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One of the great topics of conversation among people who love politics tends to be centered around pragmatism and taking so-called “incremental” steps to achieve a goal as opposed to a so-called “all-or-nothing” approach.

Often a legislator will start with the goal of the “all-or-nothing” approach in mind and simply accept the farthest incremental step they can get enough others to take in passing legislation.

While I’m not a big fan of pragmatism and incrementalism, I recognize there are times when it is necessary. Besides that, not EVERY political issue can or should be viewed through the prism of “my way or the highway.”

But there are certainly exceptions.

It is the whole idea of having an open fist when it comes to issues and then a closed fist when it comes to other — perhaps more moral — issues. In the open hand are issues where there is room for negotiation. Time to take incremental steps.

But in the closed hand are issues that simply are either too life and death to “meet in the middle” or simply have a shot clock.

Anyone with a pulse and a kindergarten diploma (if there are kindergarten diplomas) could have predicted what has happened with COVID vaccine employer mandates way back in March. One would have to be willfully blind not to see what was clearly on the horizon. And I suppose some were. They likely didn’t want to believe it would come to this — Iowans having to choose between their job or having a drug injected into their body they do not want to have injected into their body.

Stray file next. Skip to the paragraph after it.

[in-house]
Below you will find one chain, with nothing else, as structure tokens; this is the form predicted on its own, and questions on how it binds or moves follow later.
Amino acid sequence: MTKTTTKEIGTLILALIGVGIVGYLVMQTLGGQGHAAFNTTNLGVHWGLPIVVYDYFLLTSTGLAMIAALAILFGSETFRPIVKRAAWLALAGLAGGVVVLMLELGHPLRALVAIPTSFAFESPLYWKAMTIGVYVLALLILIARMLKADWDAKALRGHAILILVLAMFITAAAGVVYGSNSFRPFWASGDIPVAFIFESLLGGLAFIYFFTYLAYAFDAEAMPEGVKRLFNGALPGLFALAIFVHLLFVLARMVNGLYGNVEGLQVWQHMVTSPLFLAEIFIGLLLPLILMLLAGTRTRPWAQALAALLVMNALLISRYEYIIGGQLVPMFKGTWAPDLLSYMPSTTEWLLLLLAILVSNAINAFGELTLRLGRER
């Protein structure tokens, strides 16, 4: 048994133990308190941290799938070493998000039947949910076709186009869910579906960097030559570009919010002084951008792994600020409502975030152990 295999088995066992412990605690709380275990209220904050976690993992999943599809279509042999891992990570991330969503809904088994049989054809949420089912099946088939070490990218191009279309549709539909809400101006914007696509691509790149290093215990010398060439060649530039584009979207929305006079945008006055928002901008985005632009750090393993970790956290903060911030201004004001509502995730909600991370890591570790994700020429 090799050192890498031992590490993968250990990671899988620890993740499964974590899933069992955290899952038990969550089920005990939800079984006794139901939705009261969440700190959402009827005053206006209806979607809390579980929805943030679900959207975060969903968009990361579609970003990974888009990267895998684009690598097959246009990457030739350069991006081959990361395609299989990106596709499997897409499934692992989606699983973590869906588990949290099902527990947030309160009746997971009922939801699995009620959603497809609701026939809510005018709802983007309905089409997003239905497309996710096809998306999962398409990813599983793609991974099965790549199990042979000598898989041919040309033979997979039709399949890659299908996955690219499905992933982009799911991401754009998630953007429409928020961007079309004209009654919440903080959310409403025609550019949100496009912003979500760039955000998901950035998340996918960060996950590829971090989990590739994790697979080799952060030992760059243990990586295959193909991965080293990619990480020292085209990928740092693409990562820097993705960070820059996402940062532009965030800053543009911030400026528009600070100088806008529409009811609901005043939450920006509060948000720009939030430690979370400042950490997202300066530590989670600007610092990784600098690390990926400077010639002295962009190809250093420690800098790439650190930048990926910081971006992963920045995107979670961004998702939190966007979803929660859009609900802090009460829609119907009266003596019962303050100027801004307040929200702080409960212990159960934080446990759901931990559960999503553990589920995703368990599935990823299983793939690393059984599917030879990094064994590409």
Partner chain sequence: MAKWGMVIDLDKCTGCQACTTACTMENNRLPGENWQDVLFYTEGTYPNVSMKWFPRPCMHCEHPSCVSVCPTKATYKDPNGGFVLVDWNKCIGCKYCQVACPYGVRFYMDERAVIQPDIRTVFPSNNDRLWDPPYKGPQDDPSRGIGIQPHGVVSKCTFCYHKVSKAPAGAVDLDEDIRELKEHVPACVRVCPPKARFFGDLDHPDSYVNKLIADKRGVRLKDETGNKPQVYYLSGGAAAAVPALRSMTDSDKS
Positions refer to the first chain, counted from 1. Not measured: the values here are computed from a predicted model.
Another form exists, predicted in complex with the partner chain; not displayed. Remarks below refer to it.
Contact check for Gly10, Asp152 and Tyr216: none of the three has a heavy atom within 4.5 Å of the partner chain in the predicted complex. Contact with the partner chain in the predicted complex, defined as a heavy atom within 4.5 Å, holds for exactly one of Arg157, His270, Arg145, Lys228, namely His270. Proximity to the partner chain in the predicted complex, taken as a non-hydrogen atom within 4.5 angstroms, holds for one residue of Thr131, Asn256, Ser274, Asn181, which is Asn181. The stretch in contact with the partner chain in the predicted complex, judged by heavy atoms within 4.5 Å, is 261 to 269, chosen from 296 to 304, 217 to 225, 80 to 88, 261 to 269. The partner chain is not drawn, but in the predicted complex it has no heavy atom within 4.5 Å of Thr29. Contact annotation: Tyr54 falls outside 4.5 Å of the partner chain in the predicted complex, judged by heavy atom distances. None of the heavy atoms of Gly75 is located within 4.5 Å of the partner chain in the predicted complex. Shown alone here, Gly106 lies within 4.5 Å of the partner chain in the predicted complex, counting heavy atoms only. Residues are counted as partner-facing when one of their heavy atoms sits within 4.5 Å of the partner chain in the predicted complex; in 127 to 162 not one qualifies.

Yet here we are. And, if we’re being completely honest, it was inevitable.

The bill addressing COVID vaccine employer mandates that passed through the Iowa legislature last month did two things. First, government intervenes in private business by forcing private businesses to accept medical and religious exemptions to the vaccine. So that whole “well, you know, government shouldn’t/can’t tell a private business what they can or can’t do” argument is completely out the window now.

Second, if an employee is fired based on their COVID vaccination status, they are not disqualified from unemployment.

That is seemingly it.

Now, there is hope that it could also result in wrongful termination lawsuits if someone is fired for their vaccination status. And there is hope that employers are now incentivized not to fire someone for their vaccination status.

But based on what Iowa employers are currently doing — forcing employees to pay for their required weekly COVID test if they’re unvaccinated, putting unvaccinated employees on unpaid administrative leave, making sure vaccinated employees can be identified from unvaccinated employees, offering financial incentives for workers to get vaccinated — it is all happening right now.

But some well-intentioned lawmakers will still defend the COVID vaccine employer mandate bill that passed last month by referring to it as an “incremental” step.

Incremental.

Incremental.

Let’s say you are the coach of a football team. Almost every coach would love to see their offense go on a 12-play, seven-minute touchdown drive where it picks up chunks of yards INCREMENTALLY.